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Urban design & terrorism

I intended to write this shortly months ago, but perhaps it is appropriate or at least ironic to document these concepts on the eve of the fifth anniversary of the Sept. 11 terrorist attack.

For millenia, city design has been closely tied to protection from enemies.  From city walls to castles and forts to the labyrinthine passages of Mykonos, defensibility has always mattered.  After World Wars One and Two, the development of suburbia was actually promoted as a modern defense to modern weaponry and destruction.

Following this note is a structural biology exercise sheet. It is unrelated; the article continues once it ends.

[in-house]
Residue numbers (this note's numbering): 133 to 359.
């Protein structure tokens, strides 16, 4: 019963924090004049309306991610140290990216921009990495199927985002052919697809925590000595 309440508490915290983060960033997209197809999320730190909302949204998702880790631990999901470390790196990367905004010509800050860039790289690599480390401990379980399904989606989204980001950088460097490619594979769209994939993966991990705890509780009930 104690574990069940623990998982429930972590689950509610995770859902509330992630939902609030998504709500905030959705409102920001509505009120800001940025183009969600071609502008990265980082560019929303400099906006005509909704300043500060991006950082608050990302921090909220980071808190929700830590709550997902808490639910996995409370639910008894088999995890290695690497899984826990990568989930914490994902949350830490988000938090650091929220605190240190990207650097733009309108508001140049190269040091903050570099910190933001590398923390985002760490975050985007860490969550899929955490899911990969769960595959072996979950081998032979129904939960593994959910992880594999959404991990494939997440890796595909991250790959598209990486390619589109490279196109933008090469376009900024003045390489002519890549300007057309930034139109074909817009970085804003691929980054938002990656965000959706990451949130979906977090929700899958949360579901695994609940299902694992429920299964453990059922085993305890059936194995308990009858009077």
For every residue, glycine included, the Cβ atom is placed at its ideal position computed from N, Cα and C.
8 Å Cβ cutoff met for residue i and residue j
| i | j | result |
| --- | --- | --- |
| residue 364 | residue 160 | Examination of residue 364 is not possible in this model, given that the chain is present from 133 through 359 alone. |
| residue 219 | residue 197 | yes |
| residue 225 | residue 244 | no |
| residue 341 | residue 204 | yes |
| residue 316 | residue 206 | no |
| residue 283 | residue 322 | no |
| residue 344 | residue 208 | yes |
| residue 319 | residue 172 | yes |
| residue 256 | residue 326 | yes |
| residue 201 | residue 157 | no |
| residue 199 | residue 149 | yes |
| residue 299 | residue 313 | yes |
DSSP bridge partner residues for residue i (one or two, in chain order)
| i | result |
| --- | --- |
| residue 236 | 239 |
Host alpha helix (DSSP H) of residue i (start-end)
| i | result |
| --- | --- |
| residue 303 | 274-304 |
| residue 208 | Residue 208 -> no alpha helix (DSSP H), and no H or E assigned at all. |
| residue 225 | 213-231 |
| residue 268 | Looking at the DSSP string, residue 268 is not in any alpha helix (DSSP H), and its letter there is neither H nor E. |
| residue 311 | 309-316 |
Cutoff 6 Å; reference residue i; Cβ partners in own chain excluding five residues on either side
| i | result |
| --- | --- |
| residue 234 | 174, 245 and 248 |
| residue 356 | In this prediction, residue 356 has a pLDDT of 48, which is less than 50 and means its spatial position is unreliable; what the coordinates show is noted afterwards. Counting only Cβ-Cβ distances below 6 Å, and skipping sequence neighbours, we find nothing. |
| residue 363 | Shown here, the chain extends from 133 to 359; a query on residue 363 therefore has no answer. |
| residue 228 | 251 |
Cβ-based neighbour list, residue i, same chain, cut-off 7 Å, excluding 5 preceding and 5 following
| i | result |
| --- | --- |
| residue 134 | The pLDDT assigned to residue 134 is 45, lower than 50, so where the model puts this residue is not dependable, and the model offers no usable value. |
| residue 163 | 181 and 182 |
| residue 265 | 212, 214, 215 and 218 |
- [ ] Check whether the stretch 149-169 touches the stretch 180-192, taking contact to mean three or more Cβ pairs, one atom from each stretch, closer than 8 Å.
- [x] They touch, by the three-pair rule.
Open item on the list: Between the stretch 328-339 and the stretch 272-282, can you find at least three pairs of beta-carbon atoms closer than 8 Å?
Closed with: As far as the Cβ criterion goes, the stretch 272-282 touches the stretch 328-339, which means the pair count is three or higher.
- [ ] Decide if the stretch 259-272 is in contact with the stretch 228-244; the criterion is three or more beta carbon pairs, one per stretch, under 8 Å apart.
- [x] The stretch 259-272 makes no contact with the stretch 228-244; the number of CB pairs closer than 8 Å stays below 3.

As much as I hate to admit it, the decentralization of the population as a defense against bombs and nuclear weapons was not an entirely bad idea.  But the cost to our psychosocial health has been high, and the cost in oil and pollution is high.

In June, I was introduced to a drawing by Leon Krier, which succinctly argues what is perhaps the middle ground:  low-rise construction, in high density, is urban without being an easy target.  Krier is opposed to both urban sprawl and, what he terms, "vertical sprawl."


The drawing depicts the number of jets necessary to take down the World Trade Center, versus the number required to destroy more broadly distributed square footage.  Krier's drawing is perhaps suggests part of the urban planning response to the current threat of terrorism.  With mid-rise structures, casualties would more limited than with high-rise.  And, there is always the argument that this size is more humane and pleasant to begin with.



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